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Pokémon Violet - Nintendo Switch
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About this item
- Embark on a new Pokémon adventure
- Catch, battle, and train Pokémon in the Paldea Region, a vast land filled with lakes, towering peaks, wastelands, small towns, and sprawling cities.
- Choose either Sprigatito, Fuecoco, or Quaxly, to be your first partner Pokémon before setting off on your journey through Paldea.
- Embark on an independent study called the Treasure Hunt to gain new experiences, meet new people, and find your very own treasure.
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The newest chapters in the Pokémon series are coming to the Nintendo Switch system later this year. Catch, battle, and train Pokémon in the Paldea Region, a vast land filled with lakes, towering peaks, wastelands, small towns, and sprawling cities. There is no set path, so you can adventure freely through three grand stories. In one such story, you can challenge Pokémon Gyms in any order you desire as you aim for the Champion Rank! Explore a wide-open world at your own pace and traverse land, water, and air by riding on the form-shifting Legendary Pokémon Miraidon. Choose either Sprigatito, Fuecoco, or Quaxly, to be your first partner Pokémon before setting off on your journey through Paldea.
Pokémon in the Paldea region have the ability to Terastallize to gain special power. When a Pokémon Terastallizes, a Tera Jewel appears above its head like a crown, and the Pokémon’s body glistens like a cut gemstone. Each Pokémon has a Tera Type that remains inactive until the Pokémon Terastallizes. For example, most Eevee will have a Normal Tera Type, but some other Eevee have a Flying Tera Type! When a Terastallized Pokémon uses a move that matches its Tera Type and at least one of its original types, the boost to that move’s power will be even greater! Terastallizing holds the key to victory or defeat in battles in the Paldea region.
The Paldea Region is home to a prestigious school where people from all sorts of regions come to hone their skills against each other, be it through academics or Pokémon battles. The name of the school, its emblem, its uniforms, and other details will differ depending on whether you play Pokémon Scarlet or Pokémon Violet. Take classes with unique teachers who will show you what they know about battling, Pokémon biology, and more. Embark on an independent study called the Treasure Hunt to gain new experiences, meet new people, and find your very own treasure.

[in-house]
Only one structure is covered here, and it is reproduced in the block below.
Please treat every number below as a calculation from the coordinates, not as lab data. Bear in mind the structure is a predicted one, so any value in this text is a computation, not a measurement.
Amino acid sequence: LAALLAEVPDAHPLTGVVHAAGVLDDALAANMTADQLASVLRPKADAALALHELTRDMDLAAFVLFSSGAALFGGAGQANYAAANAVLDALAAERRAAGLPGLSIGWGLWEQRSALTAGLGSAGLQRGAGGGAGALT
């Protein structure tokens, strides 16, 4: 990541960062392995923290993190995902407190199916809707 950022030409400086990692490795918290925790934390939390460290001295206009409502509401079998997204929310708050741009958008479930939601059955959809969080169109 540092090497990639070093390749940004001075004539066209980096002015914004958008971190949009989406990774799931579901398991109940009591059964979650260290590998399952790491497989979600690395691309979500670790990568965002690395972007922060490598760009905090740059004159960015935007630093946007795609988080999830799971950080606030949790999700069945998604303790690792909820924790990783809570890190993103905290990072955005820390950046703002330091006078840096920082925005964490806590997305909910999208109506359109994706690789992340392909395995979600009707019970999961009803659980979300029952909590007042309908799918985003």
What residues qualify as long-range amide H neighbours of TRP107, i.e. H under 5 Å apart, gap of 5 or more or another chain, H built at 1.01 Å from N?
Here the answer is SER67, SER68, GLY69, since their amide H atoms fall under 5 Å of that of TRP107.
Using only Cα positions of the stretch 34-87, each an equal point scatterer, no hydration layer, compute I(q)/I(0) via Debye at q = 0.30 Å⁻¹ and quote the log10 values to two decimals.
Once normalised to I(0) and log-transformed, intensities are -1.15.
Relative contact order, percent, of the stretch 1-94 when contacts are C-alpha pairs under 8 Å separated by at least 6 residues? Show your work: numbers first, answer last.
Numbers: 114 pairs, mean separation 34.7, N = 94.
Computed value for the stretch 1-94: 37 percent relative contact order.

From the manufacturer
Journey through a new, open-world Pokémon adventure
Which will you choose?
Choose either Sprigatito, Fuecoco, or Quaxly, to be your first partner Pokémon before setting off on your journey through Paldea.
Koraidon is a Legendary Pokémon you can meet in Pokémon Scarlet.
Miraidon is a Legendary Pokémon you can meet in Pokémon Violet.
Explore a wide-open world at your own pace
Explore, trade, raid, and more with friends
Band together with up to three friends* in the Paldea region. Along with series staples, such as trading** and battling** Pokémon, you will be able to explore the various locations of the region in these games and have picnics with your friends and family.
*Additional games and systems required for multiplayer mode. Sold separately.
**Software update required. Any Nintendo Switch Online membership (sold separately) and Nintendo Account required for online features. Not available in all countries. Internet access required for online features. Terms apply. nintendo.com/switch-online
Reviewed in the United States on November 19, 2022
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In terms of the bugs...yes, the game is buggy, mostly is rendering distance for animated people. Some of the cutscenes were so badly animated I laughed (it was worst in the opening tutorial, then got better as I played). But when push came to shove and you needed to get somewhere or talk to someone, I never had any issues. None of the "bugs" were game breaking, and honestly I cared more about exploring the overworld than I did the cities, so the glitchy textures didn't bother me all too much.
Now I would love to gush about all of the things I LOVED about this game. The open world experience was so utterly free, that I actually lost my first gym battle because I was exploring and found some out of the intended order. Sure, going back to the easier gyms meant that the fights were cake by comparison, but this is the level of freedom the game offered. You had 3 completely separate storylines to pursue, and I was actually invested in all of them. You have to complete all 3 to unlock the final area, which tied up a lot of loose ends and provided a satisfying ending.
The multiplayer aspect was really interesting and fun to play around with! We couldn't fight NPCs together on the overworld (though we didn't try too hard to figure it out), but we could explore together, actually watch the overworld Pokemon battles the other did and keep tabs on what the other player was catching/battling.
Terastalizing was a cool new gimmick, though I didn't find myself using it too often. The different typings were usually pretty straightforward to differentiate, and made for some fun mistakes when you used a move to wipe out one type, but it terastalized to another so your move did nothing or less than you meant to. Tera raid battles seemed easier than Sword/Shield, but I hear they go up to level 7, and we've only challenged level 4s.